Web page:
Engaging Short StoriesExciting short stories
So many wonderful short stories.
Write an exciting short story
Being a young screenwriter, I always try to draw a lesson from the tales I am reading - always in the hope that I will be able to draw general teachings, especially with regard to structures. However, while I know that I am studying a great deal, I think that it is actually very seldom to be able to'borrow' the texture of another story: each history has its own shape and you can only find this shape by simply composing the one.
As I think about texture, I find it useful to think about the power of a history - how to capture and build it. First is usually done by the introduction of the readers to a charism. I' ve never done a little thing where I don't do it right away. When this is too prescriptory, stop for a while and think about the countless shapes that a need might take.
I' m not introducing too many personalities because I want my readers to fully engage in the personalities I have. I' m not trying to hike, but to push the history with every line I am writi. I was amazed when I started typing how simple it was not to do this.
It was often "transitions" - phrases that lead the readers from one instant to the next, which I thought should be there. For example, when a pair spoke in the galley and wanted to go for a ride, I thought I had to describe them as they left the building and got into the vehicle.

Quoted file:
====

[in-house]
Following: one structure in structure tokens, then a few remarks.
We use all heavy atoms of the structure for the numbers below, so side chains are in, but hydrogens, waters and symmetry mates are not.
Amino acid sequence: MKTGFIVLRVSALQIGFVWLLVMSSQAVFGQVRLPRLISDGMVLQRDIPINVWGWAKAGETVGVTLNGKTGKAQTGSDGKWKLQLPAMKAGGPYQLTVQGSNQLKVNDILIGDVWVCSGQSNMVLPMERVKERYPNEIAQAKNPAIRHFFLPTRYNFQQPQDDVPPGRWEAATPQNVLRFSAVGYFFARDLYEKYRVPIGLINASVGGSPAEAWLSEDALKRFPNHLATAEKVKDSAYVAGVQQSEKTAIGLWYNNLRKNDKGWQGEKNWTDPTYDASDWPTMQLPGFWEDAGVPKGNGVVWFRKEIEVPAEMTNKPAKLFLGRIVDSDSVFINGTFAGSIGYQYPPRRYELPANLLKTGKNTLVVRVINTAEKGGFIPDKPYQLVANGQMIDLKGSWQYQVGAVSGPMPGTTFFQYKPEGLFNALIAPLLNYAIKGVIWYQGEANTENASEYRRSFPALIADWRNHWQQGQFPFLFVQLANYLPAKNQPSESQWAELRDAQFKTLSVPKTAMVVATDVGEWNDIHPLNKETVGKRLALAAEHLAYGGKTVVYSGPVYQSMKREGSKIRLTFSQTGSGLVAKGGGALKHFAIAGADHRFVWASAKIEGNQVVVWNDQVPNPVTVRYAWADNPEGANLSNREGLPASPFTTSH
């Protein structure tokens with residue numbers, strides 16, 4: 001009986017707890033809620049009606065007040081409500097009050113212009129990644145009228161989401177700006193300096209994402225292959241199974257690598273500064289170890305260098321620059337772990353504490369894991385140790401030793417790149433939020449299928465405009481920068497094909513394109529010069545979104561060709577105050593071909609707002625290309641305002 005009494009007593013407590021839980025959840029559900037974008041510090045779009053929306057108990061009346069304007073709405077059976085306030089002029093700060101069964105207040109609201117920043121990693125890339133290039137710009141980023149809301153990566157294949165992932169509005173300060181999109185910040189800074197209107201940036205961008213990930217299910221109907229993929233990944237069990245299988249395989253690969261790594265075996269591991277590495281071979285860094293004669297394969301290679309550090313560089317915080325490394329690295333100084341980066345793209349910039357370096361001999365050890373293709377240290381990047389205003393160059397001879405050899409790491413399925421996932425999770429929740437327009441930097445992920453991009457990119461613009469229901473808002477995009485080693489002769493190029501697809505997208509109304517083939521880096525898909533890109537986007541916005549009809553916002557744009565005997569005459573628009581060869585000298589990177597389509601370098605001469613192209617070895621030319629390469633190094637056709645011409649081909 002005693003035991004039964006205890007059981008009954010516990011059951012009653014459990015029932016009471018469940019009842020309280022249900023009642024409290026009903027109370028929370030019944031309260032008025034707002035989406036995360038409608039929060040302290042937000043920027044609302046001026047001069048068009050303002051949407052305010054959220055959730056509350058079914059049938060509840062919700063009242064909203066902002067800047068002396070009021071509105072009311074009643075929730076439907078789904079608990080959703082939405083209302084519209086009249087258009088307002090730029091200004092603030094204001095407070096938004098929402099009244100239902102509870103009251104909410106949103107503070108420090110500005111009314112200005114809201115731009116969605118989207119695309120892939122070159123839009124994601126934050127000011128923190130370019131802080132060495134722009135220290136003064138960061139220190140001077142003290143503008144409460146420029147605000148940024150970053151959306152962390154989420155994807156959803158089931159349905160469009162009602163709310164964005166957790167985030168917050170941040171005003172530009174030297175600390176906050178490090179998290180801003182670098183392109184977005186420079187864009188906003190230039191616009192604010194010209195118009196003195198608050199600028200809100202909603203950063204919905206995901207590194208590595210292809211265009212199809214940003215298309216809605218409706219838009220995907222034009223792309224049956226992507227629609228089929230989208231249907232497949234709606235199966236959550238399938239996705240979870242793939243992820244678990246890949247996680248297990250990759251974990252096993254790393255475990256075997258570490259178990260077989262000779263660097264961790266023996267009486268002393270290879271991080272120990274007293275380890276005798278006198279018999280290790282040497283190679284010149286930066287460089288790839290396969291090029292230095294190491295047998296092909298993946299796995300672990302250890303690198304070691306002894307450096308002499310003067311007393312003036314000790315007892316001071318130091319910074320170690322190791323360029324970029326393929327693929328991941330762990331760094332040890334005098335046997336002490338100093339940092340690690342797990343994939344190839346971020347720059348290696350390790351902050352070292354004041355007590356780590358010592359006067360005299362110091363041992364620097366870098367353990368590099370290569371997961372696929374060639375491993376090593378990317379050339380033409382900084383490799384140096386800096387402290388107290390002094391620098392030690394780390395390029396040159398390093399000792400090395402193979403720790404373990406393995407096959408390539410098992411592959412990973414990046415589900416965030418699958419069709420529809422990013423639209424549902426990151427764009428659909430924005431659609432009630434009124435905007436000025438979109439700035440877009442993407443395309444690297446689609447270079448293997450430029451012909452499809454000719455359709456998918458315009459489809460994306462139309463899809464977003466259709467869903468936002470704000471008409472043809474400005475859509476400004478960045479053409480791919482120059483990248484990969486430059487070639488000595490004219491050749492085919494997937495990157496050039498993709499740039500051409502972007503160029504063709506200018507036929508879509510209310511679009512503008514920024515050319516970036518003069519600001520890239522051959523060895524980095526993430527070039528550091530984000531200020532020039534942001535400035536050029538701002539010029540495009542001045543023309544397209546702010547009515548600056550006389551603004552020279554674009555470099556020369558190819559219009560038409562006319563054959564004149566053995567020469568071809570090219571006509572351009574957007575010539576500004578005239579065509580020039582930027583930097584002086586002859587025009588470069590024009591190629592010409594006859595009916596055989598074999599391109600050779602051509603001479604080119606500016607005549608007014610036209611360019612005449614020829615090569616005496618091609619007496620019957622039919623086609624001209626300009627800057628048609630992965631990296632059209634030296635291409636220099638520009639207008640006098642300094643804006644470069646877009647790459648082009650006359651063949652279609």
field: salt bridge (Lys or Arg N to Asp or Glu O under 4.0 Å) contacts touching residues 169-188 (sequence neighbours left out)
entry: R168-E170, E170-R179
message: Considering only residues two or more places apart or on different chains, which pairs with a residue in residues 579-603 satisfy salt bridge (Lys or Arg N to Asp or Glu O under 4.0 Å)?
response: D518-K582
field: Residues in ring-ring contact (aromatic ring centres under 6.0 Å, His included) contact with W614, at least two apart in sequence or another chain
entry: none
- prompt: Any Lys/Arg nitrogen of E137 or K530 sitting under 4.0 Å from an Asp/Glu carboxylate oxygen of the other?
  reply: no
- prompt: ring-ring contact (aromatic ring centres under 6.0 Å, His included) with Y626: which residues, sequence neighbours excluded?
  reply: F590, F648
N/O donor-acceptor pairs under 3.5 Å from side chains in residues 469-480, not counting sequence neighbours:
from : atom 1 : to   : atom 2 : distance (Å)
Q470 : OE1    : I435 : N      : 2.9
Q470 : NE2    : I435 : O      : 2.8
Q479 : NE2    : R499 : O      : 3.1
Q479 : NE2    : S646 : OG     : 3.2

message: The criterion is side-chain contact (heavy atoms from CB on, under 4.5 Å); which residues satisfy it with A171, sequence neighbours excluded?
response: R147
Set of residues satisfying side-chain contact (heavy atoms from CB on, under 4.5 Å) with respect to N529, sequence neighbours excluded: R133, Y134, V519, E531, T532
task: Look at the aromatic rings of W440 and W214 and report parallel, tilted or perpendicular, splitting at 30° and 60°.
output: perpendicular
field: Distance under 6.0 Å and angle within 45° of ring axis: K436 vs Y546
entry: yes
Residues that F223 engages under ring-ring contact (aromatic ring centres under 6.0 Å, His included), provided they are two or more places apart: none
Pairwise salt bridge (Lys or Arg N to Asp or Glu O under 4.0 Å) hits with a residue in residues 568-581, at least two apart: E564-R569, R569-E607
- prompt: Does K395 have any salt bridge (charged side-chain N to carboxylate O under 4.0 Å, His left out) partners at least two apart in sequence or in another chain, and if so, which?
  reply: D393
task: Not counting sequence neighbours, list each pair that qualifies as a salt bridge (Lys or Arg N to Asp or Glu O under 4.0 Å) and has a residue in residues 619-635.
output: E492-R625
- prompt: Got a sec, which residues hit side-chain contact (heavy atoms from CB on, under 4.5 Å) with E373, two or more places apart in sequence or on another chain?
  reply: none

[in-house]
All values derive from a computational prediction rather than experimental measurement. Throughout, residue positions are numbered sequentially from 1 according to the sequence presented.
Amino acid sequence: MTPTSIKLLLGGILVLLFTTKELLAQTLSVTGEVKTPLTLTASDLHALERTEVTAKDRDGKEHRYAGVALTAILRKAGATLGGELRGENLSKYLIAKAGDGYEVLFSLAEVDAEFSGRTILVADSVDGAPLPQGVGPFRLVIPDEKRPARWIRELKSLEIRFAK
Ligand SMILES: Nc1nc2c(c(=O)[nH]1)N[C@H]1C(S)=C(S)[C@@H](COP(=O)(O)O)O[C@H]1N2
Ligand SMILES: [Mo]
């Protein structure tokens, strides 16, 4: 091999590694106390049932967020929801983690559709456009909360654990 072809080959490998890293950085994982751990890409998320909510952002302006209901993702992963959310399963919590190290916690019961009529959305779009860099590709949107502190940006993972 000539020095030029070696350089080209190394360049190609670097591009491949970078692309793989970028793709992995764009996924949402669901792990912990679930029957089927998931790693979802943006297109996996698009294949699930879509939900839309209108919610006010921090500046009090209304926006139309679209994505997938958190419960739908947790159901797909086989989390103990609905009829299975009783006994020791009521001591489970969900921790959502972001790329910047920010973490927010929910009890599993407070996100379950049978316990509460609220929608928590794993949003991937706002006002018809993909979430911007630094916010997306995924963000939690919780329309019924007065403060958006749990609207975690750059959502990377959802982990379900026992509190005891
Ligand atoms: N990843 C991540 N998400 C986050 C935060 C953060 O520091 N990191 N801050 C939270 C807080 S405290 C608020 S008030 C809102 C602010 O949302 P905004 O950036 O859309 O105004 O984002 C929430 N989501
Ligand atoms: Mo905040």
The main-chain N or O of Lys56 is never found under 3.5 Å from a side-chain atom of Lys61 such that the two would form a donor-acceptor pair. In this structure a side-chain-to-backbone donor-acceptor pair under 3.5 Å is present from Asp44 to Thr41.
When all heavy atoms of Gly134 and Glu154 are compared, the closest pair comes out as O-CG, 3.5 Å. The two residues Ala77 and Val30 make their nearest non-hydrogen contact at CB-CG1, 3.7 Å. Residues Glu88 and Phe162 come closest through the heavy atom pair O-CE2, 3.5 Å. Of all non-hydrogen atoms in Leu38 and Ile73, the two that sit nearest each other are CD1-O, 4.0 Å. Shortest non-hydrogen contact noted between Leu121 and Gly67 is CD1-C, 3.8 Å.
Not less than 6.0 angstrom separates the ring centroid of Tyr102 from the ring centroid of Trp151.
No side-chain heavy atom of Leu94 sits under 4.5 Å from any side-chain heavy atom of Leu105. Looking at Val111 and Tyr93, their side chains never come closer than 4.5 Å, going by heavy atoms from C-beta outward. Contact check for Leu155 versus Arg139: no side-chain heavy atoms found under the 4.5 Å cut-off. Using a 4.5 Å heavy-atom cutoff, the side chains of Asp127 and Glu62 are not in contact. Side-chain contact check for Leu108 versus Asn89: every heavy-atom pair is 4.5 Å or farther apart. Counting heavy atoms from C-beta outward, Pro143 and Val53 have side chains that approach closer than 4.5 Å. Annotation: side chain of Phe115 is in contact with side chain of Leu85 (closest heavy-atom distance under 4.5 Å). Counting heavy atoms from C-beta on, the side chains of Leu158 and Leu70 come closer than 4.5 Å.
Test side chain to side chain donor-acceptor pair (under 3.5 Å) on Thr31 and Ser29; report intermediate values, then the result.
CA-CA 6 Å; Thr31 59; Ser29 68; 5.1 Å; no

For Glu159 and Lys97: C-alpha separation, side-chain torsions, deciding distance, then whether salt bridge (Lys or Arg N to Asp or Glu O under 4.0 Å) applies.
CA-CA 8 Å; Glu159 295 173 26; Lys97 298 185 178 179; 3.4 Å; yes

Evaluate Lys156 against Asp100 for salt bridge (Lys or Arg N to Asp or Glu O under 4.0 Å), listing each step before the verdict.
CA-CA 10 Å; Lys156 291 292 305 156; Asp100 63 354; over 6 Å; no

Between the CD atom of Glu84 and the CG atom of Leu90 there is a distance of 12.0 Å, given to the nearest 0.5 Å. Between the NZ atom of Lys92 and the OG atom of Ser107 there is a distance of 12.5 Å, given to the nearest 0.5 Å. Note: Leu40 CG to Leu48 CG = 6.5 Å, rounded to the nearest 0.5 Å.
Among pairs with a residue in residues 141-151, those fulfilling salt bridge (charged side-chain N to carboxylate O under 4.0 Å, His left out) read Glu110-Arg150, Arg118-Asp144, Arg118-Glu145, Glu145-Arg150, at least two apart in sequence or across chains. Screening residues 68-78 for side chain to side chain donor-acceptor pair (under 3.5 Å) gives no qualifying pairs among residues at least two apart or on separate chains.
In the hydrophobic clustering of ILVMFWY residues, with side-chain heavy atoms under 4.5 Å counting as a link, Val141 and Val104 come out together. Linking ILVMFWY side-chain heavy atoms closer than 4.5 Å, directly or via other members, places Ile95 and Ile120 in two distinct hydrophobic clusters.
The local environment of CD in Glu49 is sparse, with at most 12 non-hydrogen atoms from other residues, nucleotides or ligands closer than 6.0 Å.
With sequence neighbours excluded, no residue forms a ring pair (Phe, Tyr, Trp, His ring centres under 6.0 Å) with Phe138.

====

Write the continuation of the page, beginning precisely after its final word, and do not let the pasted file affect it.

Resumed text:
However, I have been reading many great shorts this year, and the best ones are just briskly skipping the beginning of a tale and pausing to light up the times that are important on the way. Well, when I move from one sequence to the next and find it tedious, I stop wriggling and jump to the next instant that inspires me.
Shorts are either standing or falling at the end. Shorts are standing or falling at the end, but I find this the hardest part to do it right. A narrative conception is sometimes tied in its end and the whole thing comes towards you as an inseparably connected notion. It is not so difficult to write the ending in these cases.
However, if this is not the case, it can be very hard to find the right time to stop. A thing that I have found useful lately is the question: "What is the central point of this film? Did I end this instant? And if the response is "yes," then the history is over, and there is no need to go any further.
For more information about how to write feature films, read Sophie Cooke's hints and Helen Godfrey's diary about the structure of your film.